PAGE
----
Home VICTOR H. BRIGGS vs. JEAN DE PEIFFER & another.

214 Mass. 52

December 12, 1912 - February 26, 1913

Suffolk County

Present: RUGG, C. J., HAMMOND, LORING, BRALEY, & SHELDON, JJ.

Contract, Construction, Implied in law. Damages, In contract. Practice, Civil, Exceptions, Findings of judge without jury.

In an action upon a contract in writing it appeared that according to the provisions of the contract a certain portion of the wages received by the plaintiff from a company owned by the defendant was paid to the defendant to apply toward purchasing for the plaintiff an interest in the company. The contract also provided that, upon a breach of it by the defendant, which occurred, the defendant, "in addition to returning and paying to the" plaintiff "all amounts due to him under the" contract, should "forfeit and pay to him an amount equal to the amount which" had, "to the date of the breach, accrued to" him under certain terms of the contract relating to a division of profits. A judge, who heard the case without a jury, found that there were no profits and found for the plaintiff in the amount of the payments which had been made from his wages to the defendant according to the contract. He also ruled that the provision of the contract as to a forfeiture of profits provided "for a penalty . . . as distinguished from liquidated damages." The defendant alleged exceptions. Held, that the judge properly interpreted the contract with regard to what was due to the plaintiff, and that his ruling as to liquidated damages was sufficiently favorable to the defendant.

Where one party to a contract under seal has received from the other party sums of money under the terms of the contract and, by reason of his having broken the contract, he no longer is entitled to retain the money, the other party can recover it in an action for money had and received.

Where, at the close of the evidence at a trial before a judge without a jury, the defendant asks the judge to rule that, upon all the evidence, the plaintiff cannot recover on a certain item in the declaration and the judge refuses so to rule and finds for the plaintiff on that item, giving in a memorandum an erroneous reason for his finding to which the defendant takes no exception, an exception by the defendant to the refusal to rule as requested will not be sustained if, upon the evidence and for a reason other than that given by the judge, a finding for the plaintiff would have been warranted.


CONTRACT , against Jean and Bertha S. De Peiffer, with a declaration in three counts. Writ dated October 3, 1907.

The first count of the declaration was for $180 had and received by the defendants to the use of the plaintiff at various times between July 14 and October 1, 1905. The second count was upon a contract in writing and under seal, described in the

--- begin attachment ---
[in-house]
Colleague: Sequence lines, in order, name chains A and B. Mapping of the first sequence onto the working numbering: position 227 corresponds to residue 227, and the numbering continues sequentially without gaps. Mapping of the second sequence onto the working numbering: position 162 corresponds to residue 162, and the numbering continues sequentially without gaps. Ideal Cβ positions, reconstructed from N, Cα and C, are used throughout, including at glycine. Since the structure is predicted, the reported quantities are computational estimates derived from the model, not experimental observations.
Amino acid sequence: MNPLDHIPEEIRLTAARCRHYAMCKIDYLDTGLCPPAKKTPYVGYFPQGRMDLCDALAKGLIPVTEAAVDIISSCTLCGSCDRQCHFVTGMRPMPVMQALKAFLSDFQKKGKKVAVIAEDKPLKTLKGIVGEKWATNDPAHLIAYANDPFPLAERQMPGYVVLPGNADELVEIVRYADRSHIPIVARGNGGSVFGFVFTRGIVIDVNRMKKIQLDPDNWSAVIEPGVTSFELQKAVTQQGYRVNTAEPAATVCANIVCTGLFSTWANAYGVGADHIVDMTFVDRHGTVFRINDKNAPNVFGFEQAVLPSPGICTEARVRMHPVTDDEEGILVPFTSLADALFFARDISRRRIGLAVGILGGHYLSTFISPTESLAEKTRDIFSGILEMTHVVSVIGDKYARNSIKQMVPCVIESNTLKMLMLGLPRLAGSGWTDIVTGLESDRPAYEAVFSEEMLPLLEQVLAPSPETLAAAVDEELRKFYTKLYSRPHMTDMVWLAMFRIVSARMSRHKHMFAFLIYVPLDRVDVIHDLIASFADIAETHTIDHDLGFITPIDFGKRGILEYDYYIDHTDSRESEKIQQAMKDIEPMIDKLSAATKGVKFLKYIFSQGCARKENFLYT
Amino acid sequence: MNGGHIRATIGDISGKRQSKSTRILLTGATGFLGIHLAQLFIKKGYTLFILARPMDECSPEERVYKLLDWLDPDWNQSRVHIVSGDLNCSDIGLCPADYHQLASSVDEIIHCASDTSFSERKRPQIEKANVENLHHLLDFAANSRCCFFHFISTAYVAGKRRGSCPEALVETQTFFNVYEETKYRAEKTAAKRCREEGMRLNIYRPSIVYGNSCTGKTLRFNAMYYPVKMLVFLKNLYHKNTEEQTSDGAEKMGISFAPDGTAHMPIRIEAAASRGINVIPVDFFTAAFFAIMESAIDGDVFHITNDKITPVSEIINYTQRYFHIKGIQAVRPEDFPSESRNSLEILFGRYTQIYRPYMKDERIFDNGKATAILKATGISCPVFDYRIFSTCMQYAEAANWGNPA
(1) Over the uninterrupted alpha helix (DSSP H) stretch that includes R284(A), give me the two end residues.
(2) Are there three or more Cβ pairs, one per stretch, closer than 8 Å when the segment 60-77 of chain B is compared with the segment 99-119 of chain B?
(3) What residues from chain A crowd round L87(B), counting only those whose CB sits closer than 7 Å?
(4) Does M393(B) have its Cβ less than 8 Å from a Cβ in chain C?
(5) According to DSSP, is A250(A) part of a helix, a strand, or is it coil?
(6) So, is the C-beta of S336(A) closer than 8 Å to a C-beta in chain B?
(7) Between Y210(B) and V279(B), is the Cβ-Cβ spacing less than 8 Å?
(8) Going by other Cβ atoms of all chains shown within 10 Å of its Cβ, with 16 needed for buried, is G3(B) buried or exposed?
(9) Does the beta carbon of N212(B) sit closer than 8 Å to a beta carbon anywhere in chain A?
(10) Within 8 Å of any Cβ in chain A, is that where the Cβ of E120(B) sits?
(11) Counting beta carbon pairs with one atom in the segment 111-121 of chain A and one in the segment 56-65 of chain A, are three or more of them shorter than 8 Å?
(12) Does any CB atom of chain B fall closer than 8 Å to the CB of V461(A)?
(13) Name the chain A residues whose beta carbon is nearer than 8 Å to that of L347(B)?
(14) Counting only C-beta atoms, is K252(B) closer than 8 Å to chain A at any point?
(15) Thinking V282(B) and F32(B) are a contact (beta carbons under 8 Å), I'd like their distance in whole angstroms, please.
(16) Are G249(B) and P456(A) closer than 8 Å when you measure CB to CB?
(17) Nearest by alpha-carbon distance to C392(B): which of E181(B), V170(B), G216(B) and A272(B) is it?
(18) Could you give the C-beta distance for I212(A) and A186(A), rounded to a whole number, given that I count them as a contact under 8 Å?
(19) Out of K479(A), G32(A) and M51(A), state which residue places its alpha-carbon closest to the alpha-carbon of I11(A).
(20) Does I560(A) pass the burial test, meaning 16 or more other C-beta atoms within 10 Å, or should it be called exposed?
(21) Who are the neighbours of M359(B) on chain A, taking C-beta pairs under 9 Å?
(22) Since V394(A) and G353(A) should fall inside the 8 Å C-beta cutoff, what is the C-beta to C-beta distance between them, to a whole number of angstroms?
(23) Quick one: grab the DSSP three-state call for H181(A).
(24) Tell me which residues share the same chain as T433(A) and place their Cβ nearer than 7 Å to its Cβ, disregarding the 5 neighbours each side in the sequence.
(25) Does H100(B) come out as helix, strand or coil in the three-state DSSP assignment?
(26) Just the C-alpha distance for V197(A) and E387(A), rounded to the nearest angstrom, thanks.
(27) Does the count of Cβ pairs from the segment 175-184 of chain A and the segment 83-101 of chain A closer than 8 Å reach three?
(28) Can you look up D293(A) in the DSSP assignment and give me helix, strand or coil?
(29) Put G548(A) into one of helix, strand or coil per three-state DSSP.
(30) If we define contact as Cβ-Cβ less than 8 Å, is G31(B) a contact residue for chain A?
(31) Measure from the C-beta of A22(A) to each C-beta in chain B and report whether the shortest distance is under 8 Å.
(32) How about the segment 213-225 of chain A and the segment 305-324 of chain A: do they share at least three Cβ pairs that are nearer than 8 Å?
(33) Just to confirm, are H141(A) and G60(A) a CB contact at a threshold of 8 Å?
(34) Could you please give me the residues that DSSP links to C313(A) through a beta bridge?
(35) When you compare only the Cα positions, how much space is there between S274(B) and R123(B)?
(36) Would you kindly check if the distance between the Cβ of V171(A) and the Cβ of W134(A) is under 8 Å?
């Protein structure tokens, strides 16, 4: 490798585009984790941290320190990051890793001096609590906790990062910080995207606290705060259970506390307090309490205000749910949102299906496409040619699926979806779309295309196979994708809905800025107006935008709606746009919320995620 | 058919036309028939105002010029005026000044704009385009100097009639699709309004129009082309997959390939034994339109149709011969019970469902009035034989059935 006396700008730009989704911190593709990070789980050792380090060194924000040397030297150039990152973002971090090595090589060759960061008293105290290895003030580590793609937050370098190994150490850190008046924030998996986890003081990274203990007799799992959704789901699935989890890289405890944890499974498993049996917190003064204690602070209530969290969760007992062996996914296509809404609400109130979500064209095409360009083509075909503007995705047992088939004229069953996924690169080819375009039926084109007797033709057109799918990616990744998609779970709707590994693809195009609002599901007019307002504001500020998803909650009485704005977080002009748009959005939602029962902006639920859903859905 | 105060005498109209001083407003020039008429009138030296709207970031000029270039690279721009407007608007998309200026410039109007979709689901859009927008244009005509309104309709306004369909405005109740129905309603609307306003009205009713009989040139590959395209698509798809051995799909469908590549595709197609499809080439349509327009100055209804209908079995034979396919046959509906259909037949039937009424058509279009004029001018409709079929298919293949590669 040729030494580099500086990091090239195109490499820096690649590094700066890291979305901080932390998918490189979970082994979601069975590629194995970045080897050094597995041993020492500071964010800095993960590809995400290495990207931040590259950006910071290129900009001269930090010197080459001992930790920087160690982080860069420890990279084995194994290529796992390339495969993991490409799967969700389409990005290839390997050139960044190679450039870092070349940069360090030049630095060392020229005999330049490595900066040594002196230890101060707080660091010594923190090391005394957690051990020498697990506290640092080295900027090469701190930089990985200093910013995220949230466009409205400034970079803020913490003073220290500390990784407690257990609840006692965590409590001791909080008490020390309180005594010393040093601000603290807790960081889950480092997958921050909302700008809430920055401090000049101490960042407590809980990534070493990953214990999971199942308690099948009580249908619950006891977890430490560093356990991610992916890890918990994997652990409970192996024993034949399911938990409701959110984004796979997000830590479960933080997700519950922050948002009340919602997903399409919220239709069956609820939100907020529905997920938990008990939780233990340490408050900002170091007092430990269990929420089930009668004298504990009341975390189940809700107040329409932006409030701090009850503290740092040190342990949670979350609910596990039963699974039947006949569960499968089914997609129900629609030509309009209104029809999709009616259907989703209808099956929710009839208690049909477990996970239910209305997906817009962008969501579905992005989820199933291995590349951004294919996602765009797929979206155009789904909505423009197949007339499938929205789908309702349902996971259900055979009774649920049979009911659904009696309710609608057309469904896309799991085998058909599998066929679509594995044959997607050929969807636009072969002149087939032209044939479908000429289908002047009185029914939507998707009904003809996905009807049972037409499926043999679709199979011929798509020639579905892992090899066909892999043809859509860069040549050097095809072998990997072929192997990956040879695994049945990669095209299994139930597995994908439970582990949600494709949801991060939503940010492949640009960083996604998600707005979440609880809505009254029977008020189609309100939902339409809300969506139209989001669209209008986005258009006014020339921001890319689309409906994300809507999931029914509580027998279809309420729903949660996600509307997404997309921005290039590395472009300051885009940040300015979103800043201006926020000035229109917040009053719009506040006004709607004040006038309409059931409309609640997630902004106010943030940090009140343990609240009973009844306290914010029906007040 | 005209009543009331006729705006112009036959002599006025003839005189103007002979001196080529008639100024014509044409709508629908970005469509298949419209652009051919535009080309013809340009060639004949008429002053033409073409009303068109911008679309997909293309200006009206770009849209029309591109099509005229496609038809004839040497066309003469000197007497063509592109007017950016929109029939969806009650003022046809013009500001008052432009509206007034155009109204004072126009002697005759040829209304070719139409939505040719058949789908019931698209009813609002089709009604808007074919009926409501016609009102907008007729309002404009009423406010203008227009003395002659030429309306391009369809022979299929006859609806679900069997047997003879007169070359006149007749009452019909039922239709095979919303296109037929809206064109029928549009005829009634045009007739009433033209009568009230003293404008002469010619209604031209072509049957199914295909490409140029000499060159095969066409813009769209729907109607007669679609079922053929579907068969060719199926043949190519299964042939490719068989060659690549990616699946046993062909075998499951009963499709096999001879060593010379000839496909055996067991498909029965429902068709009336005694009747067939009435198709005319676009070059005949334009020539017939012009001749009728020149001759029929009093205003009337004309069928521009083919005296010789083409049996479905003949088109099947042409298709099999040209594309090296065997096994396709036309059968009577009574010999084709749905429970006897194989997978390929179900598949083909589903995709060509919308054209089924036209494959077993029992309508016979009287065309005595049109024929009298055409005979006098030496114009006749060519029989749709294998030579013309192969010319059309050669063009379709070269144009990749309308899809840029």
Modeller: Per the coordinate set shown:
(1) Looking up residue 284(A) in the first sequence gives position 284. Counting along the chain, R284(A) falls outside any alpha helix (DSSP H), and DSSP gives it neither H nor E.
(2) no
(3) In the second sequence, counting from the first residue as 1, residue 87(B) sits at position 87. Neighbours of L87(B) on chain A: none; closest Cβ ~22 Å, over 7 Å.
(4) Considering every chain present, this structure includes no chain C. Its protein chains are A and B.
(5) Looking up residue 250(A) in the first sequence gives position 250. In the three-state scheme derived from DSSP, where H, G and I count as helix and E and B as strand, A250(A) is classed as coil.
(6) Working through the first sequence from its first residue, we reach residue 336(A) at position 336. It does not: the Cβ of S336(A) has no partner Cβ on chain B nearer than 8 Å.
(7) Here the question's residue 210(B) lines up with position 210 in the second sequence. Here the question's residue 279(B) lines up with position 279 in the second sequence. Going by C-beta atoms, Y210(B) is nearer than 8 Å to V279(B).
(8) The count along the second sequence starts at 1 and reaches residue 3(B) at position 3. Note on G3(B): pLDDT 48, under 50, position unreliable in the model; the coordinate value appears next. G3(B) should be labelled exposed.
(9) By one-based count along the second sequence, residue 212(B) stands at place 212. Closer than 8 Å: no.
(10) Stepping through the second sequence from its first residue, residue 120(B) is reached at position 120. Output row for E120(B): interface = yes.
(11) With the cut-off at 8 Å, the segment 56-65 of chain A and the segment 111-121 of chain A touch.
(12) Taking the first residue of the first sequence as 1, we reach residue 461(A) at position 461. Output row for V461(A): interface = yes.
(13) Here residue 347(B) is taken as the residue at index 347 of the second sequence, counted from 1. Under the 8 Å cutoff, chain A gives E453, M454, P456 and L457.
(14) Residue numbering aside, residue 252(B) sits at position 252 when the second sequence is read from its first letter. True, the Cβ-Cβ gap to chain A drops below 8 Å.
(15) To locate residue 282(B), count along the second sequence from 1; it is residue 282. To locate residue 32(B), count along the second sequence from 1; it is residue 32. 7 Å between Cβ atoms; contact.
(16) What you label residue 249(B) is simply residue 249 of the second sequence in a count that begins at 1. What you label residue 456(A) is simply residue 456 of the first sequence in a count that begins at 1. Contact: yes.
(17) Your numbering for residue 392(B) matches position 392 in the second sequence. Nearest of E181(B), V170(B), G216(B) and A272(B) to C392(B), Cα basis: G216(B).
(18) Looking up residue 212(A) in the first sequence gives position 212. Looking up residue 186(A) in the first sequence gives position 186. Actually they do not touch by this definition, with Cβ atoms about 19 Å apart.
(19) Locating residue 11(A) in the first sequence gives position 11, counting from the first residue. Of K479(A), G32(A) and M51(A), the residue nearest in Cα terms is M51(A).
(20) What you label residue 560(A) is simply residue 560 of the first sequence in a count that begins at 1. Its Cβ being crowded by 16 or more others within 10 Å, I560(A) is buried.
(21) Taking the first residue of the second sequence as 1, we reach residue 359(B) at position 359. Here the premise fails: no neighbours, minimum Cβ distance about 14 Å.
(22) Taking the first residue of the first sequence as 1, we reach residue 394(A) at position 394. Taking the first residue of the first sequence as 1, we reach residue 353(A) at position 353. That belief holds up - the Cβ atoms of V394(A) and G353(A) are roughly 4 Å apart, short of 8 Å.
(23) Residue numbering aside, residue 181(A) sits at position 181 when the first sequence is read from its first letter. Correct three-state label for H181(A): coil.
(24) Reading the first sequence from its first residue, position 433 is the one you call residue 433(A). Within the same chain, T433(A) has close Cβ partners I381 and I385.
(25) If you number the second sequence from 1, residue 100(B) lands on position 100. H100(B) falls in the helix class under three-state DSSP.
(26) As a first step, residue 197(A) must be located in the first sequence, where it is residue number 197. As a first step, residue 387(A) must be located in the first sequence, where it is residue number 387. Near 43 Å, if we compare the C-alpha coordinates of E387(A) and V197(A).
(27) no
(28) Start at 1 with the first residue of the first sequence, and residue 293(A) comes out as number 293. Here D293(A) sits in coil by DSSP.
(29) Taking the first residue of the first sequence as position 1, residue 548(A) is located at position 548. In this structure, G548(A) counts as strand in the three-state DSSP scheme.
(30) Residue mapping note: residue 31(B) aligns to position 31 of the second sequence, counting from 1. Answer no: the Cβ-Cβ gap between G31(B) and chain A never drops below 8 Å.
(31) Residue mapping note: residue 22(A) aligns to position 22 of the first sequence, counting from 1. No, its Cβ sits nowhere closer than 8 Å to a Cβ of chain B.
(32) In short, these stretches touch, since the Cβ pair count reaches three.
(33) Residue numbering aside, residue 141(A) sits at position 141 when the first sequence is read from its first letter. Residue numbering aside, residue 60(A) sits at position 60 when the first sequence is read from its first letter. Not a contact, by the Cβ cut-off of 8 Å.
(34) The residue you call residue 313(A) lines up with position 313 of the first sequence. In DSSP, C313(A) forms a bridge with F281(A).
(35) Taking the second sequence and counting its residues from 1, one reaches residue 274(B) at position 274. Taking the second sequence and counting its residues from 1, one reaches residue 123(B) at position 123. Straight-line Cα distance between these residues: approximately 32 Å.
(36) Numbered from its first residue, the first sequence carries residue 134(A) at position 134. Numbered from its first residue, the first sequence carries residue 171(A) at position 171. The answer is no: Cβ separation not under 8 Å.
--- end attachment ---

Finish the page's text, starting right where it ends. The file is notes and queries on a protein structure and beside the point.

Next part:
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opinion, under the terms of which a portion of wages of $40 per week, paid to the plaintiff by the Foreign Language Press Company, a corporation controlled by the defendants, was paid each week to the defendants toward the purchase of an interest in the corporation. The third count was upon an account annexed, the items of which were as follows:

"(1) To amount paid to Jean De Peiffer and Bertha S. DePeiffer from July 14, 1905 to October 1, 1905, for eleven weeks at the rate of $15 per week . . . $165.00

(2) To amount paid to Jean De Peiffer and Bertha S. De Peiffer from October 1, 1905 to October 1, 1906, fifty-two weeks at $15 per week . . . $780.00

(3) To amount paid to Jean De Peiffer and Bertha S. De Peiffer from October 1, 1906, to April 24, 1907, 29 weeks at $10 per week . . . $290.00

(4) To amount due as forfeiture under written agreement, . . . $1235.00

Total . . . $2470.00."

The case was heard by Crosby, J., without a jury.

The entire text of the ninth paragraph of the contract, referred to in the opinion, was as follows:

"9. That the parties of the first part [the defendants] shall, upon the failure to conform to the terms of this agreement, and shall also upon a breach of the said contract of employment between the Foreign Language Press Company and the party of the second part [the plaintiff] herein, if the said breach is made by them or committed by the said Foreign Language Press Company pay and forfeit to the said party of the second part in addition to returning to him all payments made by him on account of the purchase of stock an amount equal to that which he has paid to them should such breach occur within a year from the date hereof. Should such breach occur after the expiration of one year from the date, hereof, then the parties of the first part shall in addition to returning and paying to the party of the second part all amounts due to him under the terms of this contract, forfeit and pay to him an amount equal to the amount